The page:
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Dog Chewing Blanket in the Crate? Here's What to Do

By Aviram K.
Published in Training & Behavior
March 4, 2022
5 min read
Dog Chewing Blanket in the Crate? Here's What to Do
✏️ This article has been reviewed in accordance with our editorial policy.
🏥 The information in this article is not a substitute for professional help.
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We try to keep our dogs as comfortable as possible - adding blankets, bedding, and lots of softness!

For pet owners with large breeds, having something soft to lay on becomes very important due to joint calluses and pain.

But what do you do if your dog insists on chewing the comforts you provide them with?

To stop blanket or bed chewing, first identify why your dog chews. Visit the vet or canine dentist to rule out medical problems. Offer lots of dog chew toys, exhaust your dog physically and mentally, and praise non-chewing behavior. If all else fails, use a chewing deterrent spray, contact a local dog trainer, or remove the bedding completely.

In this article, I will help you stop your dog from chewing their blanket or bedding so that they can continue to have a comfortable place to sleep.

Ready? Let’s start.

Preventing Blanket or Bed Chewing in the Crate

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It can be so frustrating to have your brand new dog bed or blanket shredded in the crate. Not only is this dangerous for a puppy’s health (as they can swallow the fibers and cause impaction), but it can become quite costly to keep replacing bedding.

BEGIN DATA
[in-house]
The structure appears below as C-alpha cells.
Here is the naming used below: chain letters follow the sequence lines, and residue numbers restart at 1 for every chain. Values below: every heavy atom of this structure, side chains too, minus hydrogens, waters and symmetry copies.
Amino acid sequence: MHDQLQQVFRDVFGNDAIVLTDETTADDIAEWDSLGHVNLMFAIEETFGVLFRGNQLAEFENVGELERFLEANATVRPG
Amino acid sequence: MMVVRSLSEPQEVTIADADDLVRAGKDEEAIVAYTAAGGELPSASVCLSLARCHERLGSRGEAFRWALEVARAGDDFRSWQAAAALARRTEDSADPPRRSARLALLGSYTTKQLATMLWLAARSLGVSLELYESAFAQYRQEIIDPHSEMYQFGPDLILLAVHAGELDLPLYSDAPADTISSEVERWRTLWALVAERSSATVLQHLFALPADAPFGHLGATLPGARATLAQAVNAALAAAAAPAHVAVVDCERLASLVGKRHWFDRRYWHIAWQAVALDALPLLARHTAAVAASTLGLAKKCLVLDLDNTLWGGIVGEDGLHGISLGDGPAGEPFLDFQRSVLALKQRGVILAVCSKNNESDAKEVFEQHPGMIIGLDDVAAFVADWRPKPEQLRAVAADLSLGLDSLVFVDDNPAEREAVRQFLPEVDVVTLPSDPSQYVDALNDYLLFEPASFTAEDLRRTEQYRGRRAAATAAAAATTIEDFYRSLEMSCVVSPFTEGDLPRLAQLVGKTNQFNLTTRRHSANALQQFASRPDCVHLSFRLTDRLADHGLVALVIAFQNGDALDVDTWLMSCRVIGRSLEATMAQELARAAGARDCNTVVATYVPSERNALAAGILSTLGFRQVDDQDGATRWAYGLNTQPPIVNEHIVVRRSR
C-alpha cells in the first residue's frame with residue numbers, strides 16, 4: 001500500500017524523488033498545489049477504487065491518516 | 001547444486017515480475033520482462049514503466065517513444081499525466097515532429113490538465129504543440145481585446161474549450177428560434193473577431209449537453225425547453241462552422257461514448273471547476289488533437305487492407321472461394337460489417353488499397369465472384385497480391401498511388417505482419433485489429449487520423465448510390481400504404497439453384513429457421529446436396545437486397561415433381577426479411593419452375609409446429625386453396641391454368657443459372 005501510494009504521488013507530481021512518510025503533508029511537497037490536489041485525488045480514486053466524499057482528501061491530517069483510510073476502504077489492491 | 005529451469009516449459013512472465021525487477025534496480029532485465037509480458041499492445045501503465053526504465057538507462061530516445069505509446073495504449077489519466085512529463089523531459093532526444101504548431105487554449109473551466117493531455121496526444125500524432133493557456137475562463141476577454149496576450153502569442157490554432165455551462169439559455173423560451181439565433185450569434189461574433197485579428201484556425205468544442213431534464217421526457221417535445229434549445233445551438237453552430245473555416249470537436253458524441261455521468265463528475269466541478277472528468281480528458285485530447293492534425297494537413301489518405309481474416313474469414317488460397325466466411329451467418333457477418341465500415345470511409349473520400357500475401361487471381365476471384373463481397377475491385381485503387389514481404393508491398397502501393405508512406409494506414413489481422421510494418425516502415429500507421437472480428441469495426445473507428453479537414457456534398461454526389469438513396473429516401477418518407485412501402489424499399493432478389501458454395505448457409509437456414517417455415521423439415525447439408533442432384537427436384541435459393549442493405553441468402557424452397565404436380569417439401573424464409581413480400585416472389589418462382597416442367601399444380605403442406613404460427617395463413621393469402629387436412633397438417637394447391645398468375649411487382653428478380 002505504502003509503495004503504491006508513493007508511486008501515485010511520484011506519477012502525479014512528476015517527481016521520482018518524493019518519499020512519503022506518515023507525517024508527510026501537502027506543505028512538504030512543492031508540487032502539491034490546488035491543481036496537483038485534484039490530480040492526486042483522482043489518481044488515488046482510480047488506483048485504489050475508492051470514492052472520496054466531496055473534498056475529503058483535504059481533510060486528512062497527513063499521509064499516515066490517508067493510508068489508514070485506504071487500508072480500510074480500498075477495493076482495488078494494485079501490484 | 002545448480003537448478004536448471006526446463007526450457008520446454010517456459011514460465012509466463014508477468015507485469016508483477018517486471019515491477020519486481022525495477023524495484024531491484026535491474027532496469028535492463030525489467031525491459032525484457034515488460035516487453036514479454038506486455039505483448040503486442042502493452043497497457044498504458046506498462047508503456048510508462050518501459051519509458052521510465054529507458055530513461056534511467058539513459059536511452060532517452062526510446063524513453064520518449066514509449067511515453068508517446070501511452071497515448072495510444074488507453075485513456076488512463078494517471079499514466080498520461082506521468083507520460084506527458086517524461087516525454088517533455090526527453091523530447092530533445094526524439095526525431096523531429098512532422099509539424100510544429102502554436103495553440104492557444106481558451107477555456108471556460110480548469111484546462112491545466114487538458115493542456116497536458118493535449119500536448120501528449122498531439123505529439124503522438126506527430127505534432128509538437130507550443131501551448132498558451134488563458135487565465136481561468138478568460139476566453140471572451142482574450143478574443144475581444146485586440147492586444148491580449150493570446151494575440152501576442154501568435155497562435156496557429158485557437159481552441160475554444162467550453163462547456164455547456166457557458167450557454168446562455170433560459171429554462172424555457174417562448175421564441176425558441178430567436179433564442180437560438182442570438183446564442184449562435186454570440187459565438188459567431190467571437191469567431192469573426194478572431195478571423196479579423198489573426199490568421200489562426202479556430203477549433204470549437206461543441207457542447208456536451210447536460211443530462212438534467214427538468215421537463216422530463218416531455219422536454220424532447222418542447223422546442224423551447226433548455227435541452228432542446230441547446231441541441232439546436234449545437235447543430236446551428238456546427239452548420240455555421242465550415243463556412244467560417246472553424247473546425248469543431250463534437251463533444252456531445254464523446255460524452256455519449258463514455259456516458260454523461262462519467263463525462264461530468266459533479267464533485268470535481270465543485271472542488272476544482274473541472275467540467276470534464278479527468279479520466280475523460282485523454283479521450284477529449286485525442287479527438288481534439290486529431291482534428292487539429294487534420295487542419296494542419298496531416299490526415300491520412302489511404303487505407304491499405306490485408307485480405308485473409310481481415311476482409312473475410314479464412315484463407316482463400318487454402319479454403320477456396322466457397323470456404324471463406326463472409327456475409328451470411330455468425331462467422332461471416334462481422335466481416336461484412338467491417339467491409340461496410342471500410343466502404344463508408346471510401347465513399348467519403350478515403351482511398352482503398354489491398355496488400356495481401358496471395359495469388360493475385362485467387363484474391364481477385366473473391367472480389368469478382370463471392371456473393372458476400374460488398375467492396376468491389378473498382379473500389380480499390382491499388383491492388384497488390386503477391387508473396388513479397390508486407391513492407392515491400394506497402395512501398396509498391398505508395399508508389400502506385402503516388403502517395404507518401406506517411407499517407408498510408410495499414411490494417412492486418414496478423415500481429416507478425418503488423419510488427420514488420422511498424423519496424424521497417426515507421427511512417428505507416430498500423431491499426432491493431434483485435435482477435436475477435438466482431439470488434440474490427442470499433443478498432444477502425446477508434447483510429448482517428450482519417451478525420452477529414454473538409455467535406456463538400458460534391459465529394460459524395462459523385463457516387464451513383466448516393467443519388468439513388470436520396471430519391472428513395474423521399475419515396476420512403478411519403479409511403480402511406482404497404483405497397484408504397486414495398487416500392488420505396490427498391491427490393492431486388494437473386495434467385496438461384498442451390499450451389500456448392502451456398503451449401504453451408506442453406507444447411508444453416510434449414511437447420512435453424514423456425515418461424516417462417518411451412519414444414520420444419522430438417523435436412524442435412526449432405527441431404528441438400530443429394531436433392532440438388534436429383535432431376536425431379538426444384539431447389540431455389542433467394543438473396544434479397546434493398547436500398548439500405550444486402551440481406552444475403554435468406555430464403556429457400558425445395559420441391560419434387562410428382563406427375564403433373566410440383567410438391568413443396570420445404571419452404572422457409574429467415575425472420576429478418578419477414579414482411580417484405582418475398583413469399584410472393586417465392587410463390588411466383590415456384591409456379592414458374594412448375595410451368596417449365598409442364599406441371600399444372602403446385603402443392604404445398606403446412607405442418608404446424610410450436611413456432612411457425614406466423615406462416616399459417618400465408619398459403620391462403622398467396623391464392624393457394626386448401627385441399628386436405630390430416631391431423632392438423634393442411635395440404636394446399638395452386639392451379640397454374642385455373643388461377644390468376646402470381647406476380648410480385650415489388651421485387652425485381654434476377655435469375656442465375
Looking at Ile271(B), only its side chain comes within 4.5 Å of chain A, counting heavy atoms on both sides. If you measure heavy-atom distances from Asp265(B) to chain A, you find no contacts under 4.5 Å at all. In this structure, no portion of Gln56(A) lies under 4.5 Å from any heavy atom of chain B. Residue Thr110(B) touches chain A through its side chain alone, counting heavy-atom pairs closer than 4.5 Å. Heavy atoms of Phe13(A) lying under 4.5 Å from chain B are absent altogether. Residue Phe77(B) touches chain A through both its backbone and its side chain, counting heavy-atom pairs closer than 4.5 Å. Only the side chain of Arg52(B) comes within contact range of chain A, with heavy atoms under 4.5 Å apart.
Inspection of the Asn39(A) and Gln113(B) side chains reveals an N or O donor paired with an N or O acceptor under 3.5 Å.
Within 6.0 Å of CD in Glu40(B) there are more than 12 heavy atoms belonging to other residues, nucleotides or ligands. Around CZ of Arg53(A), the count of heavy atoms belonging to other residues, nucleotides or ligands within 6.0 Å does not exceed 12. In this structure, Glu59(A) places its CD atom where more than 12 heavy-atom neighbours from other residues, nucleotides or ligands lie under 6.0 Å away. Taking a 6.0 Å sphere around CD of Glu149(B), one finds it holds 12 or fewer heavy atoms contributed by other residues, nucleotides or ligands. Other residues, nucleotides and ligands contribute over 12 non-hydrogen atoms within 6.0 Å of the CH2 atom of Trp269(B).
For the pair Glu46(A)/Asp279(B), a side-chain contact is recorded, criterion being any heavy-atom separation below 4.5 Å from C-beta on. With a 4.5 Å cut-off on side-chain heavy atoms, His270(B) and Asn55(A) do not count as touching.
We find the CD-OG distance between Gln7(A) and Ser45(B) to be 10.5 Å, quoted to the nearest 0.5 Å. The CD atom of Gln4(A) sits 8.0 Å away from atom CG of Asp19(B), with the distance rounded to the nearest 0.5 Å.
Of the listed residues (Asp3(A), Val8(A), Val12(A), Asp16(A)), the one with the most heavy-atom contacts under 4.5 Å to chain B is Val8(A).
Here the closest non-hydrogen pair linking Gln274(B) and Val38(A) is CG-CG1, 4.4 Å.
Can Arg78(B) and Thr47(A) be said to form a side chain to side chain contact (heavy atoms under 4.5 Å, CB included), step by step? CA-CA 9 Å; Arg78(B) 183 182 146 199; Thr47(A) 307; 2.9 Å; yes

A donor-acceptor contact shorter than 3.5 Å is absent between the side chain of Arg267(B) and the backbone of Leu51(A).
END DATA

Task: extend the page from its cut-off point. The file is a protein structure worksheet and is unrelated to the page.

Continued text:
Luckily, there are several things you can do to help prevent chewing.

Understand Why Your Dog Chews

The best place to start is to figure out why your dog is chewing.

Depending on the age and temperament of your dog, there is a whole slew of things that could be causing the blankets to develop holes in them or be torn to pieces. The most common reasons can include…

  • Teething (those baby teeth get itchy when they need to fall out!)
  • Boredom (when there is nothing better to do, chewing sounds great to a dog)
  • Anxiety (separation anxiety can manifest in chewing bedding)
  • Having been separated from mom too early (seen mostly in dogs that suck on blankets)
  • Hunger (yup, hungry dogs will chew)
  • Medical issue (more on this in the next section)

If you find the cause, you can find the solution!

Rule Out Medical or Dental Issue

As dogs can’t talk to us in our own language, we have to figure out what they’re trying to say based on their behavior. If chewing is not a common activity for your pup, this can signify a medical issue.

Chewing can indicate that your pup has a potential dental problem (such as a toothache), feels nauseous, has pain somewhere on the body, or suffers from a hormonal imbalance.

Getting Fido into the vet is a great call if your dog is chewing, just to make sure it’s not actually a behavioral issue and is more a symptom of some sort of medical problem.

In the least, a check-up for peace of mind never hurts!

Offer Plenty of Chewing Alternatives

You can quell blanket destruction if the chewing is caused by teething or boredom by offering appropriate chews.

Sometimes the situation really can be remedied as simple as replacing a bad chew with a good chew!

Offer your pup designated items to chew or puzzle toys that will keep them occupied until they are tired. Your puppy might forget about chewing the blanket indefinitely if they have plenty of other yummier things to gnaw on!

Be mindful, however, to not give a dog chews that are too hard at an inappropriate age.

When a puppy is teething, their jaw and tooth alignment can be damaged if they chew on something too hard for their mouths at that age.